I don't have any personal experience of the US health system (as I'm sure you've guessed...) so it's interesting to hear the view from an "insider". What I've heard that made me think that were a few stories (fairly much at the "friend of a friend of a friend" level) of people involved in some sort of accident, or with some sort of illness, which would have been treated in the public system here, being bankrupted due to hospital costs over in America.

What we have here is fairly much a two-level system. There's the public system, which provides a very basic level of care, funded through taxation; and if anyone wants a bells-and-whistles service they can "go private", and either pay through the nose for it or have an insurance policy that picks up some of the cost.
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[User Picture]From: themachinehead
2009-08-03 06:02 pm (UTC)
In 2001, half of bankruptcies filed in the US were considered medical bankruptcies. So yeah, it's not quite a perfect system.
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[User Picture]From: southerndave
2009-08-09 08:07 am (UTC)
That's something I didn't know... I'd have thought a lot would be about education costs (I've also heard horror stories about education costs in America, of about the same level of reliability as the horror stories about health costs, i.e. "there's probably a problem but I haven't heard any first hand reports yet") and a decent number would be due to failed businesses or failed marriages... there were a lot of reports a while ago about students filing for bankruptcy after they'd finally got their degrees.
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[User Picture]From: southerndave
2009-08-21 09:13 am (UTC)
Back again... Someone on my friends list is trying to get a grasp of the issues surrounding health care reform from a vantage point at a similar distance from the US as my own. Would you mind if I quoted:
The public healthcare you enjoy in your country would not work in the US. The UK system, the Canadian system...none of them would fly. Oh honey, US Citizens DEMAND so very much more of their health care experience. They expect to be able to get that CAT scan NOW. They expect that heart surgery yesterday. They expect a nurse to be there immediately when they call and all hell is raised if they have to wait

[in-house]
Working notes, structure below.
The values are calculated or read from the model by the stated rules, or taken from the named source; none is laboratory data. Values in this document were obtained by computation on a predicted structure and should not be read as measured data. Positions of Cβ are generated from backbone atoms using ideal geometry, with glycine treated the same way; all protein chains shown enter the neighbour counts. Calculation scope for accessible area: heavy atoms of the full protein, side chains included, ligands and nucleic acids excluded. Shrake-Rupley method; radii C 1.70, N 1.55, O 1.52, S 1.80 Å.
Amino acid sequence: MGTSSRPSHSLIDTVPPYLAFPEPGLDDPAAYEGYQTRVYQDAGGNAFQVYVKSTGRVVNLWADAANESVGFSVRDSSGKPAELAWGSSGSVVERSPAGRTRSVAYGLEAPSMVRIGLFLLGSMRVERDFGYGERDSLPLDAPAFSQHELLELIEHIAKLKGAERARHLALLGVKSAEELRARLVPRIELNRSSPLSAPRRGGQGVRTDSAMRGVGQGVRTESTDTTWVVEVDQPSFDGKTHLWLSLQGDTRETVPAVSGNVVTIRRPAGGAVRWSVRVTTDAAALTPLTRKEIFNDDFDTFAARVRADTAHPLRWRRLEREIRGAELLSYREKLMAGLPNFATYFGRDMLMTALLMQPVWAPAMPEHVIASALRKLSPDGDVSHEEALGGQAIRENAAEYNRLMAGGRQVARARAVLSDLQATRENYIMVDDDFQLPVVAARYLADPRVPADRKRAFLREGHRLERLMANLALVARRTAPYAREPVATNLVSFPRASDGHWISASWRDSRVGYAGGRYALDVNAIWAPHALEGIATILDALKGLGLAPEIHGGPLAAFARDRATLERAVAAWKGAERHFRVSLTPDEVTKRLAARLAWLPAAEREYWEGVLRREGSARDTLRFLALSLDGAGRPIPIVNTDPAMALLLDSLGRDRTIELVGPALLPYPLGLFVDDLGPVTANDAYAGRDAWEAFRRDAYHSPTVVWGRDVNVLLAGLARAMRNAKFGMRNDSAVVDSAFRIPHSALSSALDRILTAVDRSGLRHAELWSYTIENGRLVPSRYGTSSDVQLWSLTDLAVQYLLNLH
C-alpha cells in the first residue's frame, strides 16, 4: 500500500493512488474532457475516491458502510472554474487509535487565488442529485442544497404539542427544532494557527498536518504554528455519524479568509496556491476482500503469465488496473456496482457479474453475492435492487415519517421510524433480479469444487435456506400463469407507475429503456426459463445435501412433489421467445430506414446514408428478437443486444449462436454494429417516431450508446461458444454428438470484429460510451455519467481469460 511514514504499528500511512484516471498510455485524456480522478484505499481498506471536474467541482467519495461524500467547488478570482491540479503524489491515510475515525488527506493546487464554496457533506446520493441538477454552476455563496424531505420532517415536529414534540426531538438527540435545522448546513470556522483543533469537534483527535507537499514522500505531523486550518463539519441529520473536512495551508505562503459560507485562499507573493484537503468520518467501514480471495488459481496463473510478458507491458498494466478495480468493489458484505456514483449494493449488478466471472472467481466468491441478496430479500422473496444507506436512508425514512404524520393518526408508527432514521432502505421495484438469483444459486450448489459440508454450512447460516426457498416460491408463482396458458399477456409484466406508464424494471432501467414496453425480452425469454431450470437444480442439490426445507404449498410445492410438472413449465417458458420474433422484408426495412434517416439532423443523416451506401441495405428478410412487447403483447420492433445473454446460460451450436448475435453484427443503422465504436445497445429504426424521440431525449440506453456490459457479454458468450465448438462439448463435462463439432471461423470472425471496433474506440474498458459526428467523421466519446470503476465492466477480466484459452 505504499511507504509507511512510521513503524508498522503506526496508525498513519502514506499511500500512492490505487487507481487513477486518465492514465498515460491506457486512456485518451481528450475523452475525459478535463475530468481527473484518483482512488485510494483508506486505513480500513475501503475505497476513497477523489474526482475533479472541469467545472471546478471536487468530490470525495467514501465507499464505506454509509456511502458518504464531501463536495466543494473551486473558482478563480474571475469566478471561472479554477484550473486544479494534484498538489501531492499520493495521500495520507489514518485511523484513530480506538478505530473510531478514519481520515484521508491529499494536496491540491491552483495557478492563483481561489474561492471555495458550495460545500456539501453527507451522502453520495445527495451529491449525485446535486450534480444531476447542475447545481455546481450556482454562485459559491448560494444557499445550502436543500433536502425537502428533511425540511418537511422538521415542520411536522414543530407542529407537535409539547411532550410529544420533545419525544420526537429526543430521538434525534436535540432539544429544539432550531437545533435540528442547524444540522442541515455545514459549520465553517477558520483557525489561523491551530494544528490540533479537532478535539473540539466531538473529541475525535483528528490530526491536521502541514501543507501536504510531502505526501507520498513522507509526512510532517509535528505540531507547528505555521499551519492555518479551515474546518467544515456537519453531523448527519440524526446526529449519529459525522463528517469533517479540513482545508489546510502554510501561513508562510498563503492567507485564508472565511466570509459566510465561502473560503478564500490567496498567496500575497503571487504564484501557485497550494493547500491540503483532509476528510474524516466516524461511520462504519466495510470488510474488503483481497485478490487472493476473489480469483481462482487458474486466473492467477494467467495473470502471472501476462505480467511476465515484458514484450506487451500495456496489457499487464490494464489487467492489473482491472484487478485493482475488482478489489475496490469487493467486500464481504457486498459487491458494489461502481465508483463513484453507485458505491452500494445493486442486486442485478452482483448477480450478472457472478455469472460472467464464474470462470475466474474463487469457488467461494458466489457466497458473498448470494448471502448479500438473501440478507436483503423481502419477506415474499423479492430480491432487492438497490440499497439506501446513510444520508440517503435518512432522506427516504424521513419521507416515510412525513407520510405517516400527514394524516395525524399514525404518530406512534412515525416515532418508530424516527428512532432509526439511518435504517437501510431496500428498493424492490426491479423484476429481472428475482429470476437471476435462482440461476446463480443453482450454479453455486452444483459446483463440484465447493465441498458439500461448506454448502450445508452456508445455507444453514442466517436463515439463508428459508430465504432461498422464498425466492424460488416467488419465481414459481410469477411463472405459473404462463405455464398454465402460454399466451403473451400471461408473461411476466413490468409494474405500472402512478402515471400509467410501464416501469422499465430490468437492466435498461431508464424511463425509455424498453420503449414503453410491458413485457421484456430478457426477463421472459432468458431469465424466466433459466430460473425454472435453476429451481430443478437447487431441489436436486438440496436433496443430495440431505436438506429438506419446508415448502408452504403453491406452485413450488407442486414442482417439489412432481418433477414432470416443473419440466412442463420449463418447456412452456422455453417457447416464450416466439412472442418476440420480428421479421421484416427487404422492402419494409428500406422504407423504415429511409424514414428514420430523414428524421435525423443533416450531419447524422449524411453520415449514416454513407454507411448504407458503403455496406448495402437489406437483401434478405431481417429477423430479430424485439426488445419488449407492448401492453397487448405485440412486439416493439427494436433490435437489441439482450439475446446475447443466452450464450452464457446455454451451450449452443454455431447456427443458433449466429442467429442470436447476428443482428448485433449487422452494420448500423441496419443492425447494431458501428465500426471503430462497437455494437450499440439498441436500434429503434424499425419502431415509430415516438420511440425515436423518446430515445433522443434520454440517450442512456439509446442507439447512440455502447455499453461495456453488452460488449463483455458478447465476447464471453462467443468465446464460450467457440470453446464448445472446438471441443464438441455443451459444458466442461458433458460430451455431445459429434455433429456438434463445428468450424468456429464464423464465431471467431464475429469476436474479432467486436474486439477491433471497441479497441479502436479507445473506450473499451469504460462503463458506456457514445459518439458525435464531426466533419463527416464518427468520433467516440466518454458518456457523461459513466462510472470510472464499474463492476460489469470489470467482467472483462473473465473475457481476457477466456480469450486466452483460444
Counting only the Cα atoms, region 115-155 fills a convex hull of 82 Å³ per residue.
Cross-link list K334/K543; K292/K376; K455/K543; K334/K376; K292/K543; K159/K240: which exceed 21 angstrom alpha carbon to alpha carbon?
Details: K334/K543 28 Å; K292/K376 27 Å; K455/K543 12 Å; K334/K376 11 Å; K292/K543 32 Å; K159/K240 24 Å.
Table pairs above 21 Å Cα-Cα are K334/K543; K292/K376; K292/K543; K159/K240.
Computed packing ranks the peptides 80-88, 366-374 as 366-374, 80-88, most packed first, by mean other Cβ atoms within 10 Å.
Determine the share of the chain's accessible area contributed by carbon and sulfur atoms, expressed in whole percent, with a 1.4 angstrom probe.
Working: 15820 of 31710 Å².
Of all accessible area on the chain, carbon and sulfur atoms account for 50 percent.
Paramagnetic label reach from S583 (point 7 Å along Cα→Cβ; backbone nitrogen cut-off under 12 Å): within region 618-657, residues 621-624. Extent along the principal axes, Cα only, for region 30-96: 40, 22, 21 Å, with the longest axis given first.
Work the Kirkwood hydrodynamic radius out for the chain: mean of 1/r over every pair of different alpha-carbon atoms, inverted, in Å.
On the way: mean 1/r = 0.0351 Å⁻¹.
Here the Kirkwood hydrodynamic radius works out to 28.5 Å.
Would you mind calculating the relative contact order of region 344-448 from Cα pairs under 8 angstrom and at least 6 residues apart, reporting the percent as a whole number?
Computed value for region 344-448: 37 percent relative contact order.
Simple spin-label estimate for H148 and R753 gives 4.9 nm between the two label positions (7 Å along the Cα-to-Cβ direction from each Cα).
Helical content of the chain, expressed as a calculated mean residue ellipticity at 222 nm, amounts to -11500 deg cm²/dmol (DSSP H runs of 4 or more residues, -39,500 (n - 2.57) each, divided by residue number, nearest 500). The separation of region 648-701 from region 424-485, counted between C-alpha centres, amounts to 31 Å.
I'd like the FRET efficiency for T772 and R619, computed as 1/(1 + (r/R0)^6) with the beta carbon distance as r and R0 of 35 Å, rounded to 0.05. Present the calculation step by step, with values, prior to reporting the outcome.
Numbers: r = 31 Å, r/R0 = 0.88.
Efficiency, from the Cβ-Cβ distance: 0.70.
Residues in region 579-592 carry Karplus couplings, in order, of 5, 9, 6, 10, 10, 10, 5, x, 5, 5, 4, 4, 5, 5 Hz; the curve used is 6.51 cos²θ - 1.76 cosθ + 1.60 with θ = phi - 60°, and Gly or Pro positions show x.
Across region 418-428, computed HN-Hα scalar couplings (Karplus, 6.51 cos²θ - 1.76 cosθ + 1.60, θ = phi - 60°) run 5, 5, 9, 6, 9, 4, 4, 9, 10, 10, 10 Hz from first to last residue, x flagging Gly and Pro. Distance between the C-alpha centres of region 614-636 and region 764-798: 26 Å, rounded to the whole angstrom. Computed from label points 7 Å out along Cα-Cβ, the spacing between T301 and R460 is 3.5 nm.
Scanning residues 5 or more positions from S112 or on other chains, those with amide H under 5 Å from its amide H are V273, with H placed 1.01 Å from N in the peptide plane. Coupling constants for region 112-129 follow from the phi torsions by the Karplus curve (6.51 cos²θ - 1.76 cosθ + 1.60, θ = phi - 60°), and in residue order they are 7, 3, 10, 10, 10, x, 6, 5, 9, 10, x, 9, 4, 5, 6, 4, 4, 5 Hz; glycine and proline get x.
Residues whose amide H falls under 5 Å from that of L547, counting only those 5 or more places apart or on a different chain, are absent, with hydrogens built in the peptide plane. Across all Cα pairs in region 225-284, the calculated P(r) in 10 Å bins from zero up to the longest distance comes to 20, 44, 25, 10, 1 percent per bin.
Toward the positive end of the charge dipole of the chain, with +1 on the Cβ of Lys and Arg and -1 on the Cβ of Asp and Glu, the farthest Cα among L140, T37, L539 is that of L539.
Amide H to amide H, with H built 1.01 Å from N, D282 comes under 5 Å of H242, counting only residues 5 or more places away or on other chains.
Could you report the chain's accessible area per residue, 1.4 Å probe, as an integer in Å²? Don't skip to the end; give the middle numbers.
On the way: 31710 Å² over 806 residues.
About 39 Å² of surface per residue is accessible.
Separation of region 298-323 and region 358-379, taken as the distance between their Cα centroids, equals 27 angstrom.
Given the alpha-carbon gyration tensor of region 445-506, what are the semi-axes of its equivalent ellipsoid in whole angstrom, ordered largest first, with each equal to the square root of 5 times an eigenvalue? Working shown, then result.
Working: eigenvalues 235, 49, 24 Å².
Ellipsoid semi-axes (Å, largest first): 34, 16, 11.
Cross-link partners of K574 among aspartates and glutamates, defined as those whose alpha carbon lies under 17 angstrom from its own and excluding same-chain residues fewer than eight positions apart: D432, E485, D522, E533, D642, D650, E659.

to her?
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[User Picture]From: kiwipixie
2009-08-03 01:42 am (UTC)
I knew you were a friend for a reason! I agree with everything you have said so far, and am in no way offended - in fact my fiance(opposite gender, not that it matters) and I have NO intentions of reproducing - ever! Even with distribution (not likely) our world resources are greatly overburdened with our grossly overpopulated selves, without people choosing to add to the problem with no regard for the future. I could go on but I won't. It will give others something to say I am sure.
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[User Picture]From: southerndave
2009-08-03 10:14 am (UTC)
And here was me thinking we were friends because of however many years' worth of science fiction club parties and the like :-)

As far as I'm concerned, my next generation's already catered for. I've got a niece and nephew and enough of my friends have children that I'm spoilt for choice for Younger Generation to teach bad habits to. If I want to leave anything else to posterity, I should start getting down to it and doing proper first drafts of the novels I've written.